But Mary is a prophetess no less than an historian; and as she could foretell her own place in the memory of the grateful Church, so she could divine what would happen to the great world-Empire. She speaks of what God has done. "He hath scattered;" "He hath put down;" "He hath exalted;" "He hath filled;" "He hath sent away." But this is sometimes the style of a prophet, who is by no means obliged to use a future tense when foretelling a future time. The vision of the future passes before the prophet's soul; and he describes what he sees as actually occurring, or as already accomplished. Thus it is that Isaiah, in the latter part of his book, foretells the captivity in Babylon as though it had already produced a state of things in the midst of which he was actually living; and the prophets sometimes use a past tense advisedly, as expressing as vividly as possible their conviction that the predicted future is as certain as the past. If, then, Mary speaks of God as having put down princes from their thrones, she may mean Roman emperors to come no less than the dynasties which had long since ruled on the Nile or on the Euphrates. When Mary sang, Rome was at the height of her power; the greatest part of the known world obeyed her laws. Her legions had planted their eagles on the Rhine, on the Danube, on the Euphrates, on the Nile, in the deserts of Africa. Her civilization, with its blessings and its vices; her institutions, her manners and motives, even her language, had followed. The world was already Roman, not only in name, but to a large extent in sympathy and purpose; and no social and political fabric that had ever bound civilized men together seemed so strong or so durable as that which stood around the throne of the Caesars. And yet the causes which had brought about the downfall of earlier powers were at work within the great Empire. Material splendour had blinded men's eyes to the secret symptoms of decay, and to the truths and virtues which could alone avert it; and at last the crash came. It nearly came in the third century after Christ, two hundred years before its time. It did come with overwhelming terrors in the fifth, when everything that had been venerated for centuries, save only the Church of God, was involved in one vast catastrophe, and when Goths and Huns, and Vandals and Lombards, swept like waves of angry men over the wreck of the old civilization. Thus at last the words were fulfilled which St. John had heard in ecstasy, "Babylon the great is fallen, is fallen!"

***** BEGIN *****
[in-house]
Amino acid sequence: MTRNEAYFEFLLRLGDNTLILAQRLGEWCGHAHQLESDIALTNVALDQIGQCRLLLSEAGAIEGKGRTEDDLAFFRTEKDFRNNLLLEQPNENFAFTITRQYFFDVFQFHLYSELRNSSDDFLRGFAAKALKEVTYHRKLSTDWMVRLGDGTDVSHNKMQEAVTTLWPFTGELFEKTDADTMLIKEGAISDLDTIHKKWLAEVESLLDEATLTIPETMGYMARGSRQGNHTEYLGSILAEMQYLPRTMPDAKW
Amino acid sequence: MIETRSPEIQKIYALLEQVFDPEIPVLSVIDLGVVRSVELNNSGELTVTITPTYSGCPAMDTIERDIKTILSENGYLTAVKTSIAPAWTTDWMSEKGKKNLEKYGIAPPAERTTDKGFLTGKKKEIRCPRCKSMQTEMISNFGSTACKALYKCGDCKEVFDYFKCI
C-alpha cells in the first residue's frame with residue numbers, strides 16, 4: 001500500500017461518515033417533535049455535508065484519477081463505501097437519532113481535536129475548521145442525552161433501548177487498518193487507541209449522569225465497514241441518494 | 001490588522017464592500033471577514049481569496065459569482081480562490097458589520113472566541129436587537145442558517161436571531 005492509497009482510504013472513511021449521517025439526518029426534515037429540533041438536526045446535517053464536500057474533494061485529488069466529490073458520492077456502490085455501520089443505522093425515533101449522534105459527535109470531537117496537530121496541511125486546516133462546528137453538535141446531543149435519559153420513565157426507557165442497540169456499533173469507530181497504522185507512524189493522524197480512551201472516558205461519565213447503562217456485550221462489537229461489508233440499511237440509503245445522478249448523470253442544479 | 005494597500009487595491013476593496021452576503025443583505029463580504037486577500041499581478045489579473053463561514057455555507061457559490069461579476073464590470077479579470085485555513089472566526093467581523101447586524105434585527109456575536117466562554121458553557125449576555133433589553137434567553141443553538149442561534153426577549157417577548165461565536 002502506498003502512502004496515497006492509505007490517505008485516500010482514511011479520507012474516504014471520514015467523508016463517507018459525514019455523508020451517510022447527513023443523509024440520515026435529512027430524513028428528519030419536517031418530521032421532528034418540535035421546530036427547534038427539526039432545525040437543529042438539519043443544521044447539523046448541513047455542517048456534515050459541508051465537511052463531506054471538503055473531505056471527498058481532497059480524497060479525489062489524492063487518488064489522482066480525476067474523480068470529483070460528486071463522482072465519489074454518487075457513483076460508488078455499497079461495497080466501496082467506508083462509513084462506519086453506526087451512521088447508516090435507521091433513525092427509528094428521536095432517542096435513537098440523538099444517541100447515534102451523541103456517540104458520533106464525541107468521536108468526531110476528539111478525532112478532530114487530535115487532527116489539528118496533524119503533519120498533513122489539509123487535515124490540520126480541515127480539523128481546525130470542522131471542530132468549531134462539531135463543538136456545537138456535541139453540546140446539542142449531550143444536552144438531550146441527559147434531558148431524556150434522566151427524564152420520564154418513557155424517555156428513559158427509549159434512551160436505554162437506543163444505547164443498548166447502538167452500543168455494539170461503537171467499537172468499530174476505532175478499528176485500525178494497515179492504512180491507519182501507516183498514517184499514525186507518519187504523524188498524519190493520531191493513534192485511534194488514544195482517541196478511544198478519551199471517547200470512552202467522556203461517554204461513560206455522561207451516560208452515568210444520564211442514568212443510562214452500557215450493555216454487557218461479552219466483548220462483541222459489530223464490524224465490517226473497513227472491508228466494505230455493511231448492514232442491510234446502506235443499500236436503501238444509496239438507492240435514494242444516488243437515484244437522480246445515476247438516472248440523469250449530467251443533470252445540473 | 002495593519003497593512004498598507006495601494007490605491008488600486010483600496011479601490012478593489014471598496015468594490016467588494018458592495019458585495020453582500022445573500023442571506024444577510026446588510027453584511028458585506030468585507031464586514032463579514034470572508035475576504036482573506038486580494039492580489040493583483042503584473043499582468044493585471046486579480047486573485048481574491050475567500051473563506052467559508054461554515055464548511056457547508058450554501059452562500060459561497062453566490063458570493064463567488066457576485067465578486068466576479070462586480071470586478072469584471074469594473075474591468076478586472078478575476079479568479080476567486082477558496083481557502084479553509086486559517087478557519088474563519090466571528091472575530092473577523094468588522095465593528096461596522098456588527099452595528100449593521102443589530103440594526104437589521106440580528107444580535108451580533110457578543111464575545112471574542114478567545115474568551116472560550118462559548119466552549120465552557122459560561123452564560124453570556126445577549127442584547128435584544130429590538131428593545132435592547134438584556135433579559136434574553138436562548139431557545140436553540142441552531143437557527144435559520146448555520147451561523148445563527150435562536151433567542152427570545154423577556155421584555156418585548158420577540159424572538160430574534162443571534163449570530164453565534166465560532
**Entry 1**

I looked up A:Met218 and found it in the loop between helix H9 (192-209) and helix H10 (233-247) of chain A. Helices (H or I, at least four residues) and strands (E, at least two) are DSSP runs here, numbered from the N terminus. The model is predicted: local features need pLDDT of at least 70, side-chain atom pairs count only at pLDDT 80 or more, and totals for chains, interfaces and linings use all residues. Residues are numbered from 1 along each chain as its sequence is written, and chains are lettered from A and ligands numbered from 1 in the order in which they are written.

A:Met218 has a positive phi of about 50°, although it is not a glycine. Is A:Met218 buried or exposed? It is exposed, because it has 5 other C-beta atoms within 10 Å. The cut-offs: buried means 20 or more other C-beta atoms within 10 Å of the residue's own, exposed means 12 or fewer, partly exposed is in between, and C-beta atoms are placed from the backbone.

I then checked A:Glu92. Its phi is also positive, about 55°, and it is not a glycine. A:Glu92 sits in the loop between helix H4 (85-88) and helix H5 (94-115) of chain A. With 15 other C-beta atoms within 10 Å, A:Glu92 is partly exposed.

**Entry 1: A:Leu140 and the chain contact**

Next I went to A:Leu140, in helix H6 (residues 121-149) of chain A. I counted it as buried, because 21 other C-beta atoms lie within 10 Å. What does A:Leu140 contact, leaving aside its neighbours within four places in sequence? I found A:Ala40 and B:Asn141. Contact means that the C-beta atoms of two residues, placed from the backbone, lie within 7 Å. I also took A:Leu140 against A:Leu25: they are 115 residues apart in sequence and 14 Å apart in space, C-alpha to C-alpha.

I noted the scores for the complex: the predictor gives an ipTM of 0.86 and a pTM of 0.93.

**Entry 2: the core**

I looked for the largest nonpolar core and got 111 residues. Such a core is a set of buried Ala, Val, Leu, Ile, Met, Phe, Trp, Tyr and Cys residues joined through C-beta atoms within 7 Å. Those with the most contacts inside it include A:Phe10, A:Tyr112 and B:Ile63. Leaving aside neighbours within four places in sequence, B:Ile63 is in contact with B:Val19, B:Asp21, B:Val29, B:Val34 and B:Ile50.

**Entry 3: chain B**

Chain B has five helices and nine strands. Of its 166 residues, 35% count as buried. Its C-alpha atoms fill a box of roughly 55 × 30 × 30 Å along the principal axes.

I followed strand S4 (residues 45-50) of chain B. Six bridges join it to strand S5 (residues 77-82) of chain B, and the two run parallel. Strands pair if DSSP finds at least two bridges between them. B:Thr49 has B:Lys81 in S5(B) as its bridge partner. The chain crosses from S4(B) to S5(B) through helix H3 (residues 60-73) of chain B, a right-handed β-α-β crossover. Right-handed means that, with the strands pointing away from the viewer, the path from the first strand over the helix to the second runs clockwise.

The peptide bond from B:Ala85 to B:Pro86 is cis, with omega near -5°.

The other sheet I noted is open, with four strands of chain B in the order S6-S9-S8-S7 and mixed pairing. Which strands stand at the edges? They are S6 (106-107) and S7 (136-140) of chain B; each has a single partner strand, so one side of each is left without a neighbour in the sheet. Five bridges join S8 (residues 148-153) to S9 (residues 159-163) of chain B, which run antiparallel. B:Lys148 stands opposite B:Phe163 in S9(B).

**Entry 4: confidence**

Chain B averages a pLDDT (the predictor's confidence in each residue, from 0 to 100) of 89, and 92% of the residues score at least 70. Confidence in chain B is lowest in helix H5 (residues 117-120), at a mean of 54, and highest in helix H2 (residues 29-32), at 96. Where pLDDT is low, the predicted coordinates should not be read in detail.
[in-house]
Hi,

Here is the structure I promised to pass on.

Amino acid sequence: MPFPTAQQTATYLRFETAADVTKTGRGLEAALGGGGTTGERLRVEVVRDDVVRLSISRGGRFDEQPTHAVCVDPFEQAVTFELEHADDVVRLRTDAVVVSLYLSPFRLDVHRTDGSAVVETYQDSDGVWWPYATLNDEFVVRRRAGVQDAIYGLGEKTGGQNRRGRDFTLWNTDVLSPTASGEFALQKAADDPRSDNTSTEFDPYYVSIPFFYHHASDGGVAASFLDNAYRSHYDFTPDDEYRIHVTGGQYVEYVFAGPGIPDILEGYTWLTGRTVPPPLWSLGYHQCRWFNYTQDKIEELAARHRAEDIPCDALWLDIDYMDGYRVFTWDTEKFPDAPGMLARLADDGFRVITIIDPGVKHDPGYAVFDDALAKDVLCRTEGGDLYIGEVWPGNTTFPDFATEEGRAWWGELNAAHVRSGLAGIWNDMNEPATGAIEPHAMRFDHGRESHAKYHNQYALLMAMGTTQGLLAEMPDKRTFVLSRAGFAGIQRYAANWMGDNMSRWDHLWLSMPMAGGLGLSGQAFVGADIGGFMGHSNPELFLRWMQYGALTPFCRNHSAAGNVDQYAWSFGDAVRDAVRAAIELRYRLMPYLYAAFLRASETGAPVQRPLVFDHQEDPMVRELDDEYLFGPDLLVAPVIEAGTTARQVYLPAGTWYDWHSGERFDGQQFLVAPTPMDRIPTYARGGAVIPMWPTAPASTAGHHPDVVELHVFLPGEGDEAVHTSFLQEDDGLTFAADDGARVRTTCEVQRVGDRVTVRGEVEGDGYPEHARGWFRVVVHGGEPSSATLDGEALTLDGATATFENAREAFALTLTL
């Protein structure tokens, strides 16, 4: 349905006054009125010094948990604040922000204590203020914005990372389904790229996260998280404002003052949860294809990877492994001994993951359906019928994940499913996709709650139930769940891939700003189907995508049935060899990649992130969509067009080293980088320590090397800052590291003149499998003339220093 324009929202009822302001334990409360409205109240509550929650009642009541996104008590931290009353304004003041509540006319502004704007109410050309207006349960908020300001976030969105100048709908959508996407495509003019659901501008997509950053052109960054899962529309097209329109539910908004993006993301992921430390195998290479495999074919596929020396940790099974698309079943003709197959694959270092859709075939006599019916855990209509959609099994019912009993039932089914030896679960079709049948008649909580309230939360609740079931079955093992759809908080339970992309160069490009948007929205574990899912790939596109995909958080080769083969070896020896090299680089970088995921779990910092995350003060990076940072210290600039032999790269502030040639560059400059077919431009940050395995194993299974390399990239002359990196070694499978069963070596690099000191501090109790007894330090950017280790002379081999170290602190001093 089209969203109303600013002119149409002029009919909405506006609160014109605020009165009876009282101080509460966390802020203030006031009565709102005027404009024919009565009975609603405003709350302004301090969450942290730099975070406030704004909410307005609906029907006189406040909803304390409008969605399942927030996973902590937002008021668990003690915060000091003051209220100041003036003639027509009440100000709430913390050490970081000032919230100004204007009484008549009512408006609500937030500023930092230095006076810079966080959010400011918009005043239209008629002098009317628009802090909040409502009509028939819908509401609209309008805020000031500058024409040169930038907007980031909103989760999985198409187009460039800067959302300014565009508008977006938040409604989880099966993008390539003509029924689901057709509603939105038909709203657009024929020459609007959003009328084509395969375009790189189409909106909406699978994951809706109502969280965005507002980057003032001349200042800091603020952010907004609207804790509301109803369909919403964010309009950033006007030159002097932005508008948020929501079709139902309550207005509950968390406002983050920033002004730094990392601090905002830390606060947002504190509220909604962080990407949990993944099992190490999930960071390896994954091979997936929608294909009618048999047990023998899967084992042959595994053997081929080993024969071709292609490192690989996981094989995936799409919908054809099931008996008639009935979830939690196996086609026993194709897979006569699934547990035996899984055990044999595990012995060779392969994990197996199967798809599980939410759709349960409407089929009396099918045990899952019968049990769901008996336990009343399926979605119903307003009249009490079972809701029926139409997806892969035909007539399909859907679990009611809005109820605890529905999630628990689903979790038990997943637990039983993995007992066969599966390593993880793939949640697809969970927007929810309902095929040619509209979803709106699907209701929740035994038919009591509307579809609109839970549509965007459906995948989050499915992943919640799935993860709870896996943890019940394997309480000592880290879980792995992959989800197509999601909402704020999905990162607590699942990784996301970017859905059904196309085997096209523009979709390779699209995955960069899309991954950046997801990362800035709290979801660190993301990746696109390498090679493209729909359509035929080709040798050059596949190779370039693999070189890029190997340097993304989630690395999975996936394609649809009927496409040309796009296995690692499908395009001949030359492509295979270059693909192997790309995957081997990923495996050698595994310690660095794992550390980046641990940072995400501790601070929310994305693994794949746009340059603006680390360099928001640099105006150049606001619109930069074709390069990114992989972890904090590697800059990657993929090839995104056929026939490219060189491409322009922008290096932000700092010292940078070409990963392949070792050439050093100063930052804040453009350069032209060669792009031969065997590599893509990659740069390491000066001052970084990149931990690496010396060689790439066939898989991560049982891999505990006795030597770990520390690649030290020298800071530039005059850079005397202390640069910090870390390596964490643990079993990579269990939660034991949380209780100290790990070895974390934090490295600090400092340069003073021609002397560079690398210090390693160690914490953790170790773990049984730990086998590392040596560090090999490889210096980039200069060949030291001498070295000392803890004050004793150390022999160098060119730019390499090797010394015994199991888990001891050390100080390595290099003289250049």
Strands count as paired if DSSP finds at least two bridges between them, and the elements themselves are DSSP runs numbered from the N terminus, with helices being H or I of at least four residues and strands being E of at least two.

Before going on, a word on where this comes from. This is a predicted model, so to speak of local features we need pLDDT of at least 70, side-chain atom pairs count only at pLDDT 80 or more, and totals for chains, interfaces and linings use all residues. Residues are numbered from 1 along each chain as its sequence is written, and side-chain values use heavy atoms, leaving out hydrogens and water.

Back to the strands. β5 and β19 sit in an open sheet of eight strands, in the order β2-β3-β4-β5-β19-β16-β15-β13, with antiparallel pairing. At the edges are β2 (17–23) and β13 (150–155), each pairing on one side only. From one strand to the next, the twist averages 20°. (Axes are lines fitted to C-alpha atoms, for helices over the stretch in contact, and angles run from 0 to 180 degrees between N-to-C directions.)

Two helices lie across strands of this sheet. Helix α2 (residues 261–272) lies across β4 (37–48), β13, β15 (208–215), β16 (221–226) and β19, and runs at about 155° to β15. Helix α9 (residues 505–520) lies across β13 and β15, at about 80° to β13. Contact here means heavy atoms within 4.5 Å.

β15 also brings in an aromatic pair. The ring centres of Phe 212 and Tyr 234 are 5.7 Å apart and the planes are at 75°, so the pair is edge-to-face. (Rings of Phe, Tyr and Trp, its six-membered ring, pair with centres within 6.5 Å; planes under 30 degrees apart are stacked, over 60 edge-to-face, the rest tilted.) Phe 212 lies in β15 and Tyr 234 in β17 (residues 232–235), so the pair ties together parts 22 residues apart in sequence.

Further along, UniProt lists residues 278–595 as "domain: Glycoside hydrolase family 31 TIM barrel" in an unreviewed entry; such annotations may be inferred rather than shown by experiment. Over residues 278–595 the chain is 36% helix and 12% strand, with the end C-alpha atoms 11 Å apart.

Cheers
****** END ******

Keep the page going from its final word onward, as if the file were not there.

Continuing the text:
But the work of the Arm of God, as Mary watches it from afar, is not merely or chiefly destructive; it scatters and destroys only that it may gather and rebuild. As the Church says with such truth and beauty, "God declareth His Almighty Power most chiefly in showing mercy and pity." [Collect for Eleventh Sunday after Trinity.] When Mary sings that God hath exalted the humble and meek, or rather, them of "low estate," she may well be thinking of the position of Israel among the nations of the world; surrounded by mighty monarchies, while itself occupying a territory not much larger than an English county, yet chosen to be the people of Revelation, and to exercise an altogether unrivalled influence on the future of the human race. Or she may have in her mind such careers as those of Joseph at the court of Egypt in one age, and of Daniel and Esther at the courts of Babylon and Persia in another. Nor can she but have borne in her grateful soul an ever-present and overwhelming sense of the exceptional honour put upon herself. What royal distinctions were in reality ever comparable to hers who was the chosen Mother of Emmanuel; to hers, of whom--as St. Paul said of her race--as concerning the flesh, Christ came, Who is over all, God blessed for ever?